What are a corporation's "social responsibilities?" Milton Friedman's well-known response is: a corporation's responsibility is to make as much money for the stockholders as possible. He observes, "In [a free economy] there is one and only one social responsibility of business·to use its resources and engage in activities designed to increase its profits so long as it stays within the rules of the game." (Capitalism and Freedom, University of Chicago Press, 2002 Fortieth Anniversary Edition, p 133).
According to Friedman, it is the responsibility of the rest of us to establish a framework of law such that an individual in pursuing his own interest promotes an end, which was no part of his intention.
When we debate on changing laws relating to land acquisition or environment protection or labour engagement, we debate on whether to change the 'rules of the game'. In an article published in The New York Times (September 17, 1970) Friedman stated that firms should maximise profit conforming to 'the basic rules of the society, both those embodied by law and those embodied in ethical custom'. Framework of law, social and ethical norms, and social expectations and concerns set the 'rules of the game'.
Has anything changed today? Should firms strive to create social value rather than shareholder value?
Business firms' core objective function is to create 'shareholder value' while conforming to the 'rules of the game'. Entrepreneurs identify business opportunities and invite investors to invest money. Investors invest in the business with the expectation that the investment will grow at a rate higher than the rate at which it will grow if invested in risk-free securities. The value of a firm depends on its ability to generate free cash flows (cash flows available for distribution to investors) over a long period of time. Therefore, firms select business models that will generate adequate FCF over a long period of time.
They build resilience in business models to enable them to respond quickly to changes in the business environment to enable them to generate adequate FCF to perpetuity. This is logical.
Some experts who champion corporate social responsibility (CSR) and 'sustainability' often argue that the core objective function of a firm is to create 'social value' and not 'shareholder value'. When we argue in favour of creating 'social value' we propose that business firms should not take advantage of some business opportunities that are available in the market place. For example, a business firm that pursues the objective of creating 'social value' will not engage in tobacco business because it creates huge health hazard even though manufacturing, selling and consumption of tobacco products is not prohibited by law or consumption of tobacco products is not prohibited by social norms. In a free economy, all business opportunities are exploited to create 'shareholder value'. Moreover, quantification of 'social value' is very subjective and difficult.
Therefore, the management's accountability towards investors gets diluted when it is asked to pursue the objective of creating 'social value'. It is utopian to ask business firms to pursue the objective of creating 'social value'. When business leaders talk about 'triple bottom line' (people, planet and profit), it is only rhetoric. However, it does not mean that 'sustainability' and 'CSR' are fads.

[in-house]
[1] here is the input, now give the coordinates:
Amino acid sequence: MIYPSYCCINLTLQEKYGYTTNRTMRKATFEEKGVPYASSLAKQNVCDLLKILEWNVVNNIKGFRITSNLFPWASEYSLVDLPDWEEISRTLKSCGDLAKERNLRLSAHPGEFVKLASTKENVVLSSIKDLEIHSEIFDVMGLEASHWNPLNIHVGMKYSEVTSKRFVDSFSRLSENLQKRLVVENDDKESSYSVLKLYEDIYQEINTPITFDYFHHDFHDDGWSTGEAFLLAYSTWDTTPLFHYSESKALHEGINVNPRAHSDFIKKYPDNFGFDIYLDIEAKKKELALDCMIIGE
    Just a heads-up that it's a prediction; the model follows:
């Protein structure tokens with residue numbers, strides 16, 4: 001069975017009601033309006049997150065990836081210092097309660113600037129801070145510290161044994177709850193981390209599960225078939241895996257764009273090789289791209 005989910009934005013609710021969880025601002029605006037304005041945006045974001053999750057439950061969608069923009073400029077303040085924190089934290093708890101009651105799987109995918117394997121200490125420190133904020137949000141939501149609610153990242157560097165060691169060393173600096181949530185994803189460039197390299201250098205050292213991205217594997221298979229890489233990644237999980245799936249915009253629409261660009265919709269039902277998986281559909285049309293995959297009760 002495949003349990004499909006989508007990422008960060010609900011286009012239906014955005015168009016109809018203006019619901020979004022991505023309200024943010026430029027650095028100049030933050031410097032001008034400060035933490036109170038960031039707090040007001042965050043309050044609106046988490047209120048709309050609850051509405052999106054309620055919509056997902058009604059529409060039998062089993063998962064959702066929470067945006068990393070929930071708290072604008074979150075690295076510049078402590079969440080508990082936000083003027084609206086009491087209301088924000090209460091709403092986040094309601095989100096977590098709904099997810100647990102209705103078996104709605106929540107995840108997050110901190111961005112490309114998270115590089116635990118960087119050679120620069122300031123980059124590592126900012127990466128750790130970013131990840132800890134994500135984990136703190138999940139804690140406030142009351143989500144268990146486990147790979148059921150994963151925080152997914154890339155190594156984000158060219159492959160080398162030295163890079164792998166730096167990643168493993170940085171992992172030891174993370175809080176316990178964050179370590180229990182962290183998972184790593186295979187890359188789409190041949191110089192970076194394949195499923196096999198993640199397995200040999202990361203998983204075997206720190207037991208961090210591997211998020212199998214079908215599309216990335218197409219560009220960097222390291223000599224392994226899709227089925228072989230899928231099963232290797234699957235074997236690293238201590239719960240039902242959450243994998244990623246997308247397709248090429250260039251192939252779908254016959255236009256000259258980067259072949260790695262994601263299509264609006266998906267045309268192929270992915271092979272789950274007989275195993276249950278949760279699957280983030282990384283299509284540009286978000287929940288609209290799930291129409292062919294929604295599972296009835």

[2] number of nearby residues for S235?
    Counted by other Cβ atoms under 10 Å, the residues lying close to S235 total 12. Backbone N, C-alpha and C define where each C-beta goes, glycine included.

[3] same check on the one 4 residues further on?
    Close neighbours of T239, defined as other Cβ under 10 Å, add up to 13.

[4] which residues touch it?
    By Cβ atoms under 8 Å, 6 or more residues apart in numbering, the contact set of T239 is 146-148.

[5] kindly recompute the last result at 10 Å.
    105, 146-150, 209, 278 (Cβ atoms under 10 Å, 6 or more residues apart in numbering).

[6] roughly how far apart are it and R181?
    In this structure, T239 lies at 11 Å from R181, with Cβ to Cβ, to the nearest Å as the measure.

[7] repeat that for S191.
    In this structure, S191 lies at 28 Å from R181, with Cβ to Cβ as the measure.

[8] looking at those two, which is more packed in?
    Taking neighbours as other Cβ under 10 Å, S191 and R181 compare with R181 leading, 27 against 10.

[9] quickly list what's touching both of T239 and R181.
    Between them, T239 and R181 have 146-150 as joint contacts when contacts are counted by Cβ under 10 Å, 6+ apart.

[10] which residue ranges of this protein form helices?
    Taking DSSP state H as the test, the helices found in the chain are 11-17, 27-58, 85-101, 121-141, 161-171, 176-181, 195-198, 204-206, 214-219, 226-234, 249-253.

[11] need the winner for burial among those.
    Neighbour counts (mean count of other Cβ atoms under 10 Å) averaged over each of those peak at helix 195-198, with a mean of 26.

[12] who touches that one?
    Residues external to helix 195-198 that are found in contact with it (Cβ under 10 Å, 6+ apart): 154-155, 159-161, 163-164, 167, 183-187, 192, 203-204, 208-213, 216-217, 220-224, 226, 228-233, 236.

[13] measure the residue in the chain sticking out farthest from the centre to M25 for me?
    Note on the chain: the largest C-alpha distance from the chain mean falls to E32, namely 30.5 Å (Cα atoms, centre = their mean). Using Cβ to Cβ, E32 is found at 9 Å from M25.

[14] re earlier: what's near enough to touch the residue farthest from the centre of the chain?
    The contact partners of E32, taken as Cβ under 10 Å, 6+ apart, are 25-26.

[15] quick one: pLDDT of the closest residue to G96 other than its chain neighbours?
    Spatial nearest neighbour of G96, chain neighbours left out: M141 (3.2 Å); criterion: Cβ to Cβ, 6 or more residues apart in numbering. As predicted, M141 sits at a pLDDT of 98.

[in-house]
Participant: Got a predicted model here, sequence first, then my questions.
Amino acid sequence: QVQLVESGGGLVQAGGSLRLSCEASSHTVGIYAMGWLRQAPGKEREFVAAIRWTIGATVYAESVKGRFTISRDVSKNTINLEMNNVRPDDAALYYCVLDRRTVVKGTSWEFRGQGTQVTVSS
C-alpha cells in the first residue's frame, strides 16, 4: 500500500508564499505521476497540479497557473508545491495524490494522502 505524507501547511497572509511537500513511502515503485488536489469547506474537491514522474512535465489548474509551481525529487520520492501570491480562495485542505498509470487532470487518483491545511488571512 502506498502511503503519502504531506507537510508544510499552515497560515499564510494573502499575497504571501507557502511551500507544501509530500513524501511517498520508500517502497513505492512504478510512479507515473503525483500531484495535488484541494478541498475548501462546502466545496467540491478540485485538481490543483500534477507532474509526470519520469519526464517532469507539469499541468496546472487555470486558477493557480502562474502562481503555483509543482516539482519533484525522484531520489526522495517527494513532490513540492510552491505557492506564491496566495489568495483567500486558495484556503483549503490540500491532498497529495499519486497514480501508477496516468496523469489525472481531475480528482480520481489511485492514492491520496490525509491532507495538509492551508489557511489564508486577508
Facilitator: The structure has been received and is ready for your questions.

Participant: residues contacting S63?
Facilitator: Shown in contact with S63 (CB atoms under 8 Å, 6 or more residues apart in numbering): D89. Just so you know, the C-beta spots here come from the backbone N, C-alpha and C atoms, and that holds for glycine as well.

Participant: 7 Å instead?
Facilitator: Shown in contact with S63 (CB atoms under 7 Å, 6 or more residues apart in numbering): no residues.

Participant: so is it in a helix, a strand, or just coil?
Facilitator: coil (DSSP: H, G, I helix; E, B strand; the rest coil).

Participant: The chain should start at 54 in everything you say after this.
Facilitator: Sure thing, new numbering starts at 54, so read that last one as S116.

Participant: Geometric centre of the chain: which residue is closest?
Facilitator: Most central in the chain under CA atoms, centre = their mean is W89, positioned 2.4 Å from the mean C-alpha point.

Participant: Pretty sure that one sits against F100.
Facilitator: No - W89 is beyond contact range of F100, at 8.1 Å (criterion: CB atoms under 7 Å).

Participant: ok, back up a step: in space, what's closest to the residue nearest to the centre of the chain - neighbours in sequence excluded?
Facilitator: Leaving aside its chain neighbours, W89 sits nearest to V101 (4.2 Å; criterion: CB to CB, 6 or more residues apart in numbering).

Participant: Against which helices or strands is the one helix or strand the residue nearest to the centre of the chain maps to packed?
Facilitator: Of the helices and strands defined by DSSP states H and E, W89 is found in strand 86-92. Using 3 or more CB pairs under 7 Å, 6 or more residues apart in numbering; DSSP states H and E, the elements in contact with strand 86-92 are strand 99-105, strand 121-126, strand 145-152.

One thing has changed over the years. Advocacy groups and international organisations articulate societal concerns and expectations very clearly create awareness about the same. Business firms need not have to research for developing an understanding of those concerns and expectations. As a result, understanding the 'rules of the game' has become much easier now than what it was in the past. This helps business firms to design a sustainable business model. Generally speaking, a business model is sustainable if it creates value for shareholders with minimum negative consequences on the community and the environment.
Therefore, building a sustainable business model requires consideration of all the social and environmental issues, for example, they may range from the health problems of the local community to the global climate change concerns.
Enlightened business firms embed 'sustainability' and CSR in their business model and strategy without diluting the core objective function of creating 'shareholder value'. A business model that fails to generate sufficient profit is not sustainable. Similarly, a business model that fails to conform to the 'rules of the game' is not sustainable. Therefore, business firms that have adopted 'sustainability' principles innovate continuously to reduce the negative impact of its business model on the society and environment. On May 5, 2015 Reuters reported "Consumer goods maker Unilever says its brands that most fully embrace its CEO's passion for sustainability perform the best, adding fuel to its oft-repeated argument that social responsibility is good for business."
It further reported "On the cost side, Unilever said, it has saved over 400 million euros through eco-friendly measures taken at its factories since 2008. In addition, it made over 200 million euros of savings last year through manufacturing, logistics and other areas related to its 'Sustainable Living Plan". Unilever has not shifted its focus from the core objective function of creating 'shareholder value'; rather it has designed a business plan that responds to societal expectations and concerns.